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Power point spontaneous generation


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Power point spontaneous generation

  1. 1. Spontaneous Generation Life Enters Stage Left By Peter G. History 4UU3
  2. 2. • Ancient Greek mythology readily accepted spontaneous generation. • “Spartan” means “sprouted men” and they were originally generated by the planting of a dragon’s teeth in the earth. • Greek myth saw less distinction between current concepts of animate and inanimate.
  3. 3. Guess Who... • Like so much of intellectual thought, Aristotle dominated the concept of spontaneous generation until the Enlightenment. • His endorsement of spontaneous generation lent much credit to the theory.
  4. 4. Follow the Leader • Saints Aquinas and Augustine incorporated Aristotle’s concept of “spirit” imprinting a form and soul onto the subject-matter. • Spontaneous Generation was Christianized, as God was responsible for arranging all of the necessary conditions and materials
  5. 5. Let’s Eat Before the Pope finds out! • Clergymen in England, Ireland, and Scotland argued that the “barnacle goose” spontaneously generated • As a result, they could eat the bird even during Lent, as it did not come from the flesh • Pope Innocent III issued a papal bull in 1215 prohibiting such a practice, arguing that the geese functioned just like any other bird.
  6. 6. Longevity • Spontaneous generation was still accepted by some prominent people as late as the seventeenth century • The physician J.B. van Helmont claimed he had spontaneously generated mice by leaving sweaty underwear and some wheat in a container for twenty-one days
  7. 7. Enter Challengers • The days of an unchallenged theory of spontaneous generation came to an end with the Enlightenment. • Francesco Redi, 17th century – meat will not generate maggots • Lazzaro Spallanzani – 18th century – broth will not generate life – Not believed because others repeated the experiment with opposite results – problem of standardizing experiments.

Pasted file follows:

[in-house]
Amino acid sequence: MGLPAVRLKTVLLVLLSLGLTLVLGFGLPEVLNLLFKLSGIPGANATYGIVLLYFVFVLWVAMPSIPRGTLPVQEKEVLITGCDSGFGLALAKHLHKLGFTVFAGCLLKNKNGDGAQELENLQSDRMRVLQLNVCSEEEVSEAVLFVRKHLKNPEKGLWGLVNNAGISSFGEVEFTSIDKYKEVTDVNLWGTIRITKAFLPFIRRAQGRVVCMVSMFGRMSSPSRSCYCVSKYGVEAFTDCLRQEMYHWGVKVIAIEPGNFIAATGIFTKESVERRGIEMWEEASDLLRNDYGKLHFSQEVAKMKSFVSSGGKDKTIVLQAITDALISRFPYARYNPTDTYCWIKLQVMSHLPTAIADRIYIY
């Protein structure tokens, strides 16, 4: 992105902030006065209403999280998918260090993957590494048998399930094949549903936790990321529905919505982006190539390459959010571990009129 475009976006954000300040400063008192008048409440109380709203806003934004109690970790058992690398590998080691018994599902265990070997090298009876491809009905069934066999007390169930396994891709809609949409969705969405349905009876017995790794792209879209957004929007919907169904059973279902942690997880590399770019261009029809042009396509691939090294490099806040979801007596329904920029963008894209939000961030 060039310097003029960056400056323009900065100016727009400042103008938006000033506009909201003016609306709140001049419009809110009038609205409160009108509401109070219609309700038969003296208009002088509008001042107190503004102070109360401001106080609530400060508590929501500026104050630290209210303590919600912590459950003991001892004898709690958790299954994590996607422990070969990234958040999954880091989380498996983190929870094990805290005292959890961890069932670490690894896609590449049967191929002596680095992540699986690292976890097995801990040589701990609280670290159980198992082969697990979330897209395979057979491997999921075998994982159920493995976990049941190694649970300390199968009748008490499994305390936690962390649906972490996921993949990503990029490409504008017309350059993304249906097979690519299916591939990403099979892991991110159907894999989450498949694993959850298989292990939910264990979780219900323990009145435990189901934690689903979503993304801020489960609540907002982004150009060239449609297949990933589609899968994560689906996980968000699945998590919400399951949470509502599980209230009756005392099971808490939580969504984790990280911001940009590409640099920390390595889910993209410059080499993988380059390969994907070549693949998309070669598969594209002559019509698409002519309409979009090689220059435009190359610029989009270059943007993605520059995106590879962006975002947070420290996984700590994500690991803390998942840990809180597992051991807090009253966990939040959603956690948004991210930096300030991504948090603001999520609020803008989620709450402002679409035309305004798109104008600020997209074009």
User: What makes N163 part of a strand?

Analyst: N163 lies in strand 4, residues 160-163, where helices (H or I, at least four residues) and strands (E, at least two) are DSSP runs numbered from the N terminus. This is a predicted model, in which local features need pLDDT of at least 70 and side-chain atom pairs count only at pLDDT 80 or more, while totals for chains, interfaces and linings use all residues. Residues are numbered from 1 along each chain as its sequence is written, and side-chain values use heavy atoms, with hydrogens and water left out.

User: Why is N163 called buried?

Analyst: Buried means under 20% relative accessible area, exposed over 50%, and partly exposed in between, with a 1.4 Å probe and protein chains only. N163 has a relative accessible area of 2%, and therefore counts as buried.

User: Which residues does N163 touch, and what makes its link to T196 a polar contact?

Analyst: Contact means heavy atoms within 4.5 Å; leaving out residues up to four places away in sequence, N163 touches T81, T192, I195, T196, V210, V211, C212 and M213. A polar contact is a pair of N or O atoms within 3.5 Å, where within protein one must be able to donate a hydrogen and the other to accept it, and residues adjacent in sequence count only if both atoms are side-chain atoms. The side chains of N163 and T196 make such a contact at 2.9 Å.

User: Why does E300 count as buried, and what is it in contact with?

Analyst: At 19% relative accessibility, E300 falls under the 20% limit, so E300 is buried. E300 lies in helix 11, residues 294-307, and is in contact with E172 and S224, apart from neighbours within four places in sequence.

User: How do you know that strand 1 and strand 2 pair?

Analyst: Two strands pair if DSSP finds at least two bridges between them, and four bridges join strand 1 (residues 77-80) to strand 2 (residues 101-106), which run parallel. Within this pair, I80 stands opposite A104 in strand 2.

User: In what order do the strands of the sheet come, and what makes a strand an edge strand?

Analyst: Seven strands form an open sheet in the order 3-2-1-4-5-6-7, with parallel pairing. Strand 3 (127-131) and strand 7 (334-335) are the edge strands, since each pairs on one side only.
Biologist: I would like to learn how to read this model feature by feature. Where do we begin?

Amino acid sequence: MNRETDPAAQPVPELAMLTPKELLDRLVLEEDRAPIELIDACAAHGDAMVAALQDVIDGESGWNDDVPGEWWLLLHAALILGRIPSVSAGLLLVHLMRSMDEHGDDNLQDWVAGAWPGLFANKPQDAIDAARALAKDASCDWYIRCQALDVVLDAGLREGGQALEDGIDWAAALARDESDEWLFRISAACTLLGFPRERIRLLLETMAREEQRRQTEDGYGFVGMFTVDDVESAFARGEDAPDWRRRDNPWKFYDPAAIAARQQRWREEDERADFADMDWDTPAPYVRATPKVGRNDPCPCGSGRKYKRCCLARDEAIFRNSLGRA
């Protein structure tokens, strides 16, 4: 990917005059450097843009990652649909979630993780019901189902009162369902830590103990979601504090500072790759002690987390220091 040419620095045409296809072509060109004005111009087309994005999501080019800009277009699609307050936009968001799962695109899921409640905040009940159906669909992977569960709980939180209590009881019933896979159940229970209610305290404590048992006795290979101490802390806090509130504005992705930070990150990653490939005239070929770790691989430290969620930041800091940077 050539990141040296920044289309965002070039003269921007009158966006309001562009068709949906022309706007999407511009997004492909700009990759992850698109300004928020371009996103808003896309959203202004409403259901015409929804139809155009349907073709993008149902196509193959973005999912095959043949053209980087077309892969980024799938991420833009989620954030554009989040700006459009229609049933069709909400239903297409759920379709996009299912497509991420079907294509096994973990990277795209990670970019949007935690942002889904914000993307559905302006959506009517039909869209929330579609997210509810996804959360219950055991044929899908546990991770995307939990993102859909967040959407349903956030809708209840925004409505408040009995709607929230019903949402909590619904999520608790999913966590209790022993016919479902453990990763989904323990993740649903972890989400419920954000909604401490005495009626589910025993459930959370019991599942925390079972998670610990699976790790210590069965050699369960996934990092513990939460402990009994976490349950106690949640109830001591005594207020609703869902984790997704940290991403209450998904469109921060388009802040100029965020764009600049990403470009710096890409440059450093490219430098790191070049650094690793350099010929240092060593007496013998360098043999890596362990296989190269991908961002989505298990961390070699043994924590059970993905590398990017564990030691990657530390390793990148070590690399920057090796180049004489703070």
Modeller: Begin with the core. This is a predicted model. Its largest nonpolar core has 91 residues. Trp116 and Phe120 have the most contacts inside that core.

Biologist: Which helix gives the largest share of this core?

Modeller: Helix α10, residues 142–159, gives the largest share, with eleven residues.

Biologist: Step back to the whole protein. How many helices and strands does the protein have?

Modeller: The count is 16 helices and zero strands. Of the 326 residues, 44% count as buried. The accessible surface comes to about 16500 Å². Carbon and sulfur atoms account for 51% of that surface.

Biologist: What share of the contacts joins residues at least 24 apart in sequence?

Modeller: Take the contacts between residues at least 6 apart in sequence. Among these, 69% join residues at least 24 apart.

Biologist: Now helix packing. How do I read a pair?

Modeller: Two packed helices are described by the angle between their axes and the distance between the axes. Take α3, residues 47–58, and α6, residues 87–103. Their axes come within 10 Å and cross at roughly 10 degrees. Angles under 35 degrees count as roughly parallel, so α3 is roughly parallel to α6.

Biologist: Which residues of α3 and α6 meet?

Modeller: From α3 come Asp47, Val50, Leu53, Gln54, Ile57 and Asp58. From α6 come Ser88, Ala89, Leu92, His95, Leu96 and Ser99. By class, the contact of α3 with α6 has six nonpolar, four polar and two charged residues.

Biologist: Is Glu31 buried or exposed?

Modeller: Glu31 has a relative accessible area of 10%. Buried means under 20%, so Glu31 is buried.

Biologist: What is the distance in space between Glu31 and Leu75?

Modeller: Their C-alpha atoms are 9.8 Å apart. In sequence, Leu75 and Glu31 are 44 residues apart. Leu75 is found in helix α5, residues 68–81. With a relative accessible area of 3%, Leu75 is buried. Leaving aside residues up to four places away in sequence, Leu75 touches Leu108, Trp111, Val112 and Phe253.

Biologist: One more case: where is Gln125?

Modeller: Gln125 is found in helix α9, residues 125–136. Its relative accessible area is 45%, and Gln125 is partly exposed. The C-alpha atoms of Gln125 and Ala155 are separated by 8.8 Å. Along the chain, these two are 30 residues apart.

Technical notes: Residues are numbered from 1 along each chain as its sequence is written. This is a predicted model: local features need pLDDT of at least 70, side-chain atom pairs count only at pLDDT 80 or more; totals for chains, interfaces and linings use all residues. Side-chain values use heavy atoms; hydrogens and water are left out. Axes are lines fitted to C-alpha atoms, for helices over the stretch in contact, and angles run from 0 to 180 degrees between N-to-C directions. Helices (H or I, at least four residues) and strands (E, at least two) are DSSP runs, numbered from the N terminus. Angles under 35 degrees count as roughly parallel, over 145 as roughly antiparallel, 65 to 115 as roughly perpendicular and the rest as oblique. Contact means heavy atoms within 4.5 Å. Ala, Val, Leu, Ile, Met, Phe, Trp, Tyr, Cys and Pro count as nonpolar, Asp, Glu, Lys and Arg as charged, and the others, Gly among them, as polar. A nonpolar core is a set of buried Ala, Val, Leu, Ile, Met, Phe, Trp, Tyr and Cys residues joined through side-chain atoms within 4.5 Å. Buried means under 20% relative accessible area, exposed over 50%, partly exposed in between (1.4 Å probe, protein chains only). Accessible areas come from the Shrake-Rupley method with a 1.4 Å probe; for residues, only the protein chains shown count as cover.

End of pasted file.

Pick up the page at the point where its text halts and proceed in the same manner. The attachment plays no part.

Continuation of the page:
8. 8. Enter Pasteur, Exit SG • Pasteur, in 1859 conducted similar experiments to those of Spallanzani, however under a different context: a competition. • The French Académie des Sciences held a contest, as such, Pasteur’s results were verified by the Académie and this is widely regarded as the death of spontaneous generation.
  9. 9. Life Only From Life • The very same year Pasteur attacked spontaneous generation, Darwin published On the Origin of Species. • Evolution seemingly entails that spontaneous generation had to have occurred at some point in history, however Pasteur’s experiments were accepted more immediately than Darwin’s theory.
  10. 10. Life from...half life? • The Russian scientist Aleksandr Oparin suggested a gradual emergence of life from simpler organic compounds. • He theorized that these compounds could much more easily have formed in an early- Earth atmosphere. • For Oparin, natural selection began with these organic molecules.
  11. 11. Honey, I Shrunk the Evidence • A progression can be seen, from larger to smaller, of the subjects of spontaneous generation • Spartans (Greeks), Geese (clergymen), maggots (Spallanzani), bacteria (Pasteur), organic compounds (Oparin’s primordial soup) • This requires the use of ever more sophisticated technology (technoscience).
  12. 12. Spectre of SG • Stanley Miller, in 1953, synthesize amino acids in an artificially constructed old-Earth atmosphere. Lends support to Oparin. • Spontaneous generation revived, less than one hundred years after Pasteur’s refutation. • However, the question has changed...
  13. 13. Redefining the Problem • Original question: How do living things spontaneously generate? • Next step: What living things spontaneously generate? • New enquiry: What is Life? Oparin suggests SG of organic compounds (eg. Watson and Crick’s DNA molecule). Is DNA alive? The question migrates.
  14. 14. Decision Makers • Who decides “what is life?” • The scientists are working on this problem currently, is anyone else? • Should the scientists be the only ones allowed to input on this discussion, can they be trusted (them with their numbers and measurements)?
  15. 15. Enter Latour (Exit Simplicity and the Audience) • This is precisely the question Latour is asking, “Who will input to the discussion? Who should?” • Answer 1) the Scientists • Answer 2) Everyone
  16. 16. The Division • Science, which speaks for Nature, tends to silence discussion, not permitting other interested parties from speaking, like the parties that have Society as their subject matter, instead of Nature. • Latour believes Nature and Society have separated too extremely to deal with certain (complex) issues: these are called ‘hybrids.’
  17. 17. Is SG a Hybrid? • The spontaneous generation debate has evolved to the larger question of the definition of life – this seems to be a prime candidate for a hybrid. • If any question deserves democratic input from all interested parties (i.e. all parties who have a stake in the definition of life) it is this one, “What is life?”
  18. 18. New History? • For what it’s worth...